Nearly $12.5M was lost to government impersonation scams in 2017
What Is It?
One of the largest schemes affecting senior Americans today, the IRS impersonation scam has defrauded around 2.1 million U.S. citizens to date, and continues to be one of the most reported scams in the nation.
While there are many versions of the scheme, criminals posing as IRS officials generally call victims over the phone and demand immediate payment for allegedly unpaid taxes or penalties – often threatening arrest, foreclosure, or other adverse legal action.
Victims are usually instructed to pay using a certified check, credit card, electronic wire transfer, prepaid debit card, or gift card. After payment, targets are often told that they must pay additional sums to resolve further discrepancies. This process can be repeated multiple times; as long as a target remains convinced, further demands will be made.
Criminal tactics have evolved in recent years in response to updated IRS policies. Reports show that fraud artists now claim that they are following up on letters previously sent by the IRS, or demanding payment in the form of iTunes gift cards. In another variation, callers request financial information under the guise of issuing a refund.
Criminals take a number of steps to disguise their location and legitimize the appearance of their call. Caller-ID spoofing is a tactic used to disguise genuine telephone numbers and make it appear as if a call originates from a certain organization. Scammers typically spoof a ‘202’ area code – the code for Washington, DC.
Scammers have also “spoofed” their phone numbers to make it appear as though they are calling from local law enforcement agencies. To unsuspecting victims, this can make it seem as if the “Internal Revenue Service” or the name of the local police department is appearing on their caller ID.
How Can I Protect Myself?
The IRS released the following tips to help taxpayers identify suspicious calls that may be associated with the imposter scam:
- Do they insist you need to pay immediately? The IRS will never call a taxpayer to demand immediate payment, nor will the agency call about taxes owed without first having mailed a bill to the taxpayer.
- Will they let you check their identity before you pay? The IRS will never demand that a taxpayer pay a sum without giving him or her the opportunity to verify the identity of the caller. Real IRS representatives will be happy to verify their identities, and can tell you their badge number so you can check their employment. They will let you contact them through an alternate method in order to verify that the debt is real before they take your payment.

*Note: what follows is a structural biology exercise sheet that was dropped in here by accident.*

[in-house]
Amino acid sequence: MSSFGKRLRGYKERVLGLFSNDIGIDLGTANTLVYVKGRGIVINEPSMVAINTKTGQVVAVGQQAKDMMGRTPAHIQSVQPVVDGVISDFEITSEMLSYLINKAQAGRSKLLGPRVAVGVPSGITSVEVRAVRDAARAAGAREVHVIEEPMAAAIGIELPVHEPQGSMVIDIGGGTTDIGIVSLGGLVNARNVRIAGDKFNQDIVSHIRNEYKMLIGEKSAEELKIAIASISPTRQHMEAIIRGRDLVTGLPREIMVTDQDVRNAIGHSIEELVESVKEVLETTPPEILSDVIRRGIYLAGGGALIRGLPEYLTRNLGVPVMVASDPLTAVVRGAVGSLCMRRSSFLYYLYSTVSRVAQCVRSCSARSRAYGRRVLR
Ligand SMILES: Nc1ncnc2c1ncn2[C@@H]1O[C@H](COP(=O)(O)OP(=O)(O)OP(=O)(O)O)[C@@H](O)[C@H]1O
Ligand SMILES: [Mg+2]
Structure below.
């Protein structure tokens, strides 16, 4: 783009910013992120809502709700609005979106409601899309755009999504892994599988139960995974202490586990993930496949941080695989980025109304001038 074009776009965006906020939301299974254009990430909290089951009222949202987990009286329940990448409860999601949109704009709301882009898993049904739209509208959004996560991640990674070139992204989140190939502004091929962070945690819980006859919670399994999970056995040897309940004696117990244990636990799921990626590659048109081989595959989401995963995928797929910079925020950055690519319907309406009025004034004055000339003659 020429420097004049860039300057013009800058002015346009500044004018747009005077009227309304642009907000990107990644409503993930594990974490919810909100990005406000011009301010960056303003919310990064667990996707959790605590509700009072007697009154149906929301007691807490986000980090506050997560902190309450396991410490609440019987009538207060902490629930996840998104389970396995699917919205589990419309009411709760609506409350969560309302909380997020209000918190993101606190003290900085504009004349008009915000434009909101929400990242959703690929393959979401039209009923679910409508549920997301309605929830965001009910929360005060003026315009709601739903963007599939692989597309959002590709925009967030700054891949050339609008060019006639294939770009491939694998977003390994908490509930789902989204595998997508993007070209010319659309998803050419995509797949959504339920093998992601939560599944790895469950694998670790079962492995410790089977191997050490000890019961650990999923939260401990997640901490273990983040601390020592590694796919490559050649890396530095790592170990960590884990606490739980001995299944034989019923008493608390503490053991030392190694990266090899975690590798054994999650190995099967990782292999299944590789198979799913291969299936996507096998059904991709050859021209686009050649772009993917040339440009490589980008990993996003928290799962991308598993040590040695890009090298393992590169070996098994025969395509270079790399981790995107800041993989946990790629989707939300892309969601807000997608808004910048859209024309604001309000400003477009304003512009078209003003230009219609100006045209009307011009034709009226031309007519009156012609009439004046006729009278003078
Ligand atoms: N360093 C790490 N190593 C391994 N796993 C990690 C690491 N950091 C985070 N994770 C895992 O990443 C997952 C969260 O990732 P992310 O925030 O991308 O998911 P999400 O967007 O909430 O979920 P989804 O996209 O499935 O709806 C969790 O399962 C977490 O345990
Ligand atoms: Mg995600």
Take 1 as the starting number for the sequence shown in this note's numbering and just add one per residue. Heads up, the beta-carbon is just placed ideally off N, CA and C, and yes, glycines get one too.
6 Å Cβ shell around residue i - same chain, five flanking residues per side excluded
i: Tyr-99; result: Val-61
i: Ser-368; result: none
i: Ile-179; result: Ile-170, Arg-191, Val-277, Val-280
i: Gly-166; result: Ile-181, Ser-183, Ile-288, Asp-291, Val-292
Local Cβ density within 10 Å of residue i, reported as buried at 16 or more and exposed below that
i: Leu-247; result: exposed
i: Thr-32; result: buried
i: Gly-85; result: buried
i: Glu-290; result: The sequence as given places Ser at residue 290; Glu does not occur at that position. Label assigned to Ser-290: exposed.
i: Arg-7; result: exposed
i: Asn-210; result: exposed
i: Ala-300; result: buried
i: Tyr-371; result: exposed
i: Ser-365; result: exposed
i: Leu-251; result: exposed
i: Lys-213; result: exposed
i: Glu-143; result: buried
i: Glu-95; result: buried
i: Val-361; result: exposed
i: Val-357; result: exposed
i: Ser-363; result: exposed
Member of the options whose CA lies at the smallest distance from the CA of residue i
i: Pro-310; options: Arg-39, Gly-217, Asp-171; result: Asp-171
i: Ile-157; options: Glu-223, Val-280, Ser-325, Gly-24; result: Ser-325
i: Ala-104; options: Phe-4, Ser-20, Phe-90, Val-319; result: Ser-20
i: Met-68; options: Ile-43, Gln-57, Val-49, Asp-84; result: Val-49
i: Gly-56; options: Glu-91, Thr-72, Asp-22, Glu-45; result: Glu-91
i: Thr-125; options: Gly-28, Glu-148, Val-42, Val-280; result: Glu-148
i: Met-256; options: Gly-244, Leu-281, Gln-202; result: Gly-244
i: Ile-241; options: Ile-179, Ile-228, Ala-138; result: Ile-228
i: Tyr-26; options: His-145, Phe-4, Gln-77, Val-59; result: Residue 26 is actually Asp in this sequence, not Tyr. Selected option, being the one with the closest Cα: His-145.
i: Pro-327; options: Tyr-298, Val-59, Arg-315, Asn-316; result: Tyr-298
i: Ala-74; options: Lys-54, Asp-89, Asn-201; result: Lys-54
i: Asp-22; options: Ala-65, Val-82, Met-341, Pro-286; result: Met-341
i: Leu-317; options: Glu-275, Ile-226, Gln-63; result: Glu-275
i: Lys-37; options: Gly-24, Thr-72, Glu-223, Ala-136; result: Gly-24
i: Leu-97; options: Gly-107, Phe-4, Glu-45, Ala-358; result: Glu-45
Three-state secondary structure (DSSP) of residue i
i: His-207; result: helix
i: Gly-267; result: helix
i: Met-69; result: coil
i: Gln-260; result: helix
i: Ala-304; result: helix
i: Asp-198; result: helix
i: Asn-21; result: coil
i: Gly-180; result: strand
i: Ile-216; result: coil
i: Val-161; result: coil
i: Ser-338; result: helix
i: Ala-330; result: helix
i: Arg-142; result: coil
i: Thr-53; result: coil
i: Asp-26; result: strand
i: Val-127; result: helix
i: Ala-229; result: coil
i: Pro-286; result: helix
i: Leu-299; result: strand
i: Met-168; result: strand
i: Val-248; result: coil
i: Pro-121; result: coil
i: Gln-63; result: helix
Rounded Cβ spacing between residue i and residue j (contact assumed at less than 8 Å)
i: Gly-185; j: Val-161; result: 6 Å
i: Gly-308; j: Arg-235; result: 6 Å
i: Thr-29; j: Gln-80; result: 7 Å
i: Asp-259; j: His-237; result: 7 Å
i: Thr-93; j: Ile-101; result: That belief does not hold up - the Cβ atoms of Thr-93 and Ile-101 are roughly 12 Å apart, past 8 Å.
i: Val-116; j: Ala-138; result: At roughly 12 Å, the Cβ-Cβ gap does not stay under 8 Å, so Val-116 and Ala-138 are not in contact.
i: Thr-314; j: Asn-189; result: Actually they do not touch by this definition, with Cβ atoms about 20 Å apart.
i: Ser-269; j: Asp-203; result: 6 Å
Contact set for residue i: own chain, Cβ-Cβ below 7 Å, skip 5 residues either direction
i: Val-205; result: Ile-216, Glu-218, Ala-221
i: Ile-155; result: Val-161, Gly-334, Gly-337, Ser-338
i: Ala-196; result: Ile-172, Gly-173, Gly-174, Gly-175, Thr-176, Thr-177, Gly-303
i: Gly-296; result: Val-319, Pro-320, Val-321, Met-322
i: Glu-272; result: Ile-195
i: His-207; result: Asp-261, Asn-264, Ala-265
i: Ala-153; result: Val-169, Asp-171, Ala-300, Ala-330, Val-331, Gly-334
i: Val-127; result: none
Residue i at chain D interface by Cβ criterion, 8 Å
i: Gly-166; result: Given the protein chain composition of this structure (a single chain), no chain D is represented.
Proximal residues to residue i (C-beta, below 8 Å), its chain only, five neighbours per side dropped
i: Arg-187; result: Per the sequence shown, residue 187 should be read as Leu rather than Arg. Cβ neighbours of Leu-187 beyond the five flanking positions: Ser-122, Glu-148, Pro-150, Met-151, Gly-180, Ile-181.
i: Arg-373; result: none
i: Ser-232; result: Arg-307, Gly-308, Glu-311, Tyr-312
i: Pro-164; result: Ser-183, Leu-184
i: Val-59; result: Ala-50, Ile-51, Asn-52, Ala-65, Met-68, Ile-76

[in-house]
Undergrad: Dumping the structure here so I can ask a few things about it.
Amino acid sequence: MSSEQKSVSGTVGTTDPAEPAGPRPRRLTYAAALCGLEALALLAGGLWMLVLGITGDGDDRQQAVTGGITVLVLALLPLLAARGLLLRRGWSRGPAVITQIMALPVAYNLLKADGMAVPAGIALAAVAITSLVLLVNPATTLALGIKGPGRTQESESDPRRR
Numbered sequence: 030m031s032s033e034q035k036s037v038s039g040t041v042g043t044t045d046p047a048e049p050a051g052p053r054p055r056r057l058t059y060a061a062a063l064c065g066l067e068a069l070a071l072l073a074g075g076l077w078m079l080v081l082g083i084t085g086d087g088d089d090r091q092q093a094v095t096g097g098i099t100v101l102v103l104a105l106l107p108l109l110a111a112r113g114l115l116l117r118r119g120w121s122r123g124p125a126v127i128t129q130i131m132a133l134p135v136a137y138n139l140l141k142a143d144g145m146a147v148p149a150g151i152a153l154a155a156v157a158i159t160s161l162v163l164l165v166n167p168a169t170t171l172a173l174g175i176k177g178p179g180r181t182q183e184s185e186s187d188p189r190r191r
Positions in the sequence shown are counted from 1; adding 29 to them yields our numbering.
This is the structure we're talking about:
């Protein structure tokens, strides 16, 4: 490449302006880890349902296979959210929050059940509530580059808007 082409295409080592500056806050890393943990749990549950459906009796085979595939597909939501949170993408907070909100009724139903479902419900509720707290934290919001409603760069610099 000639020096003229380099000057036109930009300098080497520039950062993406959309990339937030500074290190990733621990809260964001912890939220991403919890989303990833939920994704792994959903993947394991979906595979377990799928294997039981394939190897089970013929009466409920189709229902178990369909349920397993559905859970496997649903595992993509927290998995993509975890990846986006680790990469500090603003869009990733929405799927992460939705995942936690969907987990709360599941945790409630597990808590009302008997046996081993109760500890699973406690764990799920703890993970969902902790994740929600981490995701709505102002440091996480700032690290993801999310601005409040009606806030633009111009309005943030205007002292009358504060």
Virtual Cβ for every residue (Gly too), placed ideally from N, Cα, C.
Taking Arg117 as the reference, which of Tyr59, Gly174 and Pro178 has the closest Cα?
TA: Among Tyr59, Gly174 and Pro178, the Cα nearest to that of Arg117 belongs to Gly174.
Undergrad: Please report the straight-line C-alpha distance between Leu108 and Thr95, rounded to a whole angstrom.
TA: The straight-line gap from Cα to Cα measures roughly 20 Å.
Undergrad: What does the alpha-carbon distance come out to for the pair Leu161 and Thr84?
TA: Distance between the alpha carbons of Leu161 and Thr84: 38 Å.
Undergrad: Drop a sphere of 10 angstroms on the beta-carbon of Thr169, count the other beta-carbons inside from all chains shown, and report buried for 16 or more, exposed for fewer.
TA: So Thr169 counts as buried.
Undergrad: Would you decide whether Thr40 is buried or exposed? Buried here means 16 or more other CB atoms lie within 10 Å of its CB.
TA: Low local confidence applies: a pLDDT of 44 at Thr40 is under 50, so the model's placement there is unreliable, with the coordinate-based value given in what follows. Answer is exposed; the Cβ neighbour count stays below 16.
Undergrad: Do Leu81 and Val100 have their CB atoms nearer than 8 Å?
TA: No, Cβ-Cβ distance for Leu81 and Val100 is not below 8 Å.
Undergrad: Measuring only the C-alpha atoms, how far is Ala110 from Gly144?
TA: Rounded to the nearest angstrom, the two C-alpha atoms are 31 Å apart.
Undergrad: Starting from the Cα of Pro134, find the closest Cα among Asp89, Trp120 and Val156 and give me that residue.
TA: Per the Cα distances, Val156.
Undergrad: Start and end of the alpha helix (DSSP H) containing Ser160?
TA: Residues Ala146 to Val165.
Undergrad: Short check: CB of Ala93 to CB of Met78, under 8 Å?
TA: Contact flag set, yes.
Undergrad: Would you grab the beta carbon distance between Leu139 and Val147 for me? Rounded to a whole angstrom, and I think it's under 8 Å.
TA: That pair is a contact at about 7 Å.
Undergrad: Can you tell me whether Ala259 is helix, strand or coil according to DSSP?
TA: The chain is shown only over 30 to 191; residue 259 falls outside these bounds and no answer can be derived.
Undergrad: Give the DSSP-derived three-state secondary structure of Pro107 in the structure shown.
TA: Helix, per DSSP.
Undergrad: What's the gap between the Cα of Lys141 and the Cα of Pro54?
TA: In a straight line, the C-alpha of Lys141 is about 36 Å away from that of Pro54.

- How do they want you to pay? The IRS will never ask for a credit or debit card number over the phone. Instead, they will ask you to pay through their official payment processing center, or with a check. If someone asks you to pay with a wire transfer, a prepaid debit or gift card, or a Green Dot Moneypak, that’s a scam.
- Are They Using Scare Tactics? The IRS will never threaten to send local police or other law enforcement to have a taxpayer arrested. Many victims describe IRS scam callers as rude, threatening and abusive; real IRS representatives do not use these tactics.
- If you received a letter, does it look suspicious? IRS notices come with a certified reference number, and are likely to be free of spelling and grammatical errors. You can look up the reference number online to make sure the document is legitimate, or call the IRS directly if you have any questions. Only return the form to the official listed address of the processing center.
What Can I Do If I’ve Been Targeted?
If you’ve been contacted – by phone, post, or email – and are still unsure, call the IRS back at their main official number. Here, you can ask an official representative to help you find out if you owe taxes, and, if you do, what your payment options are. You can contact them directly at 1-800-829-1040.
An unexpected phone call from someone threatening you with arrest or deportation if you fail to pay immediately is a scam. Report these calls and other IRS impersonation schemes to the Treasury Inspector General for Tax Administration at 1-800-366-4484 or online at IRS Impersonation Scam Reporting. You can also contact the U.S. Senate Special Committee on Aging’s toll-free Fraud Hotline at 1-855-303-9470.
File a complaint with the FBI’s Internet Crime Complaint Center.
You can file a complaint with the Federal Trade Commission (FTC) through their Complaint Assistant to make the information available to investigators.
All official IRS payment options are listed at https://www.irs.gov/payments. If you are being encouraged to use a payment method that is not listed there, it’s most likely a scam.
An unexpected email purporting to be from the IRS is always a scam. The IRS does not initiate contact with taxpayers by email or social media to request personal or financial information. Report all unsolicited email claiming to be from the IRS online or by email to email@example.com.
Please refer to Contact the IRS if you have a tax question not related to phishing or identity theft.
Remember, never give out any information or money based on a phone call unless you know and trust the person.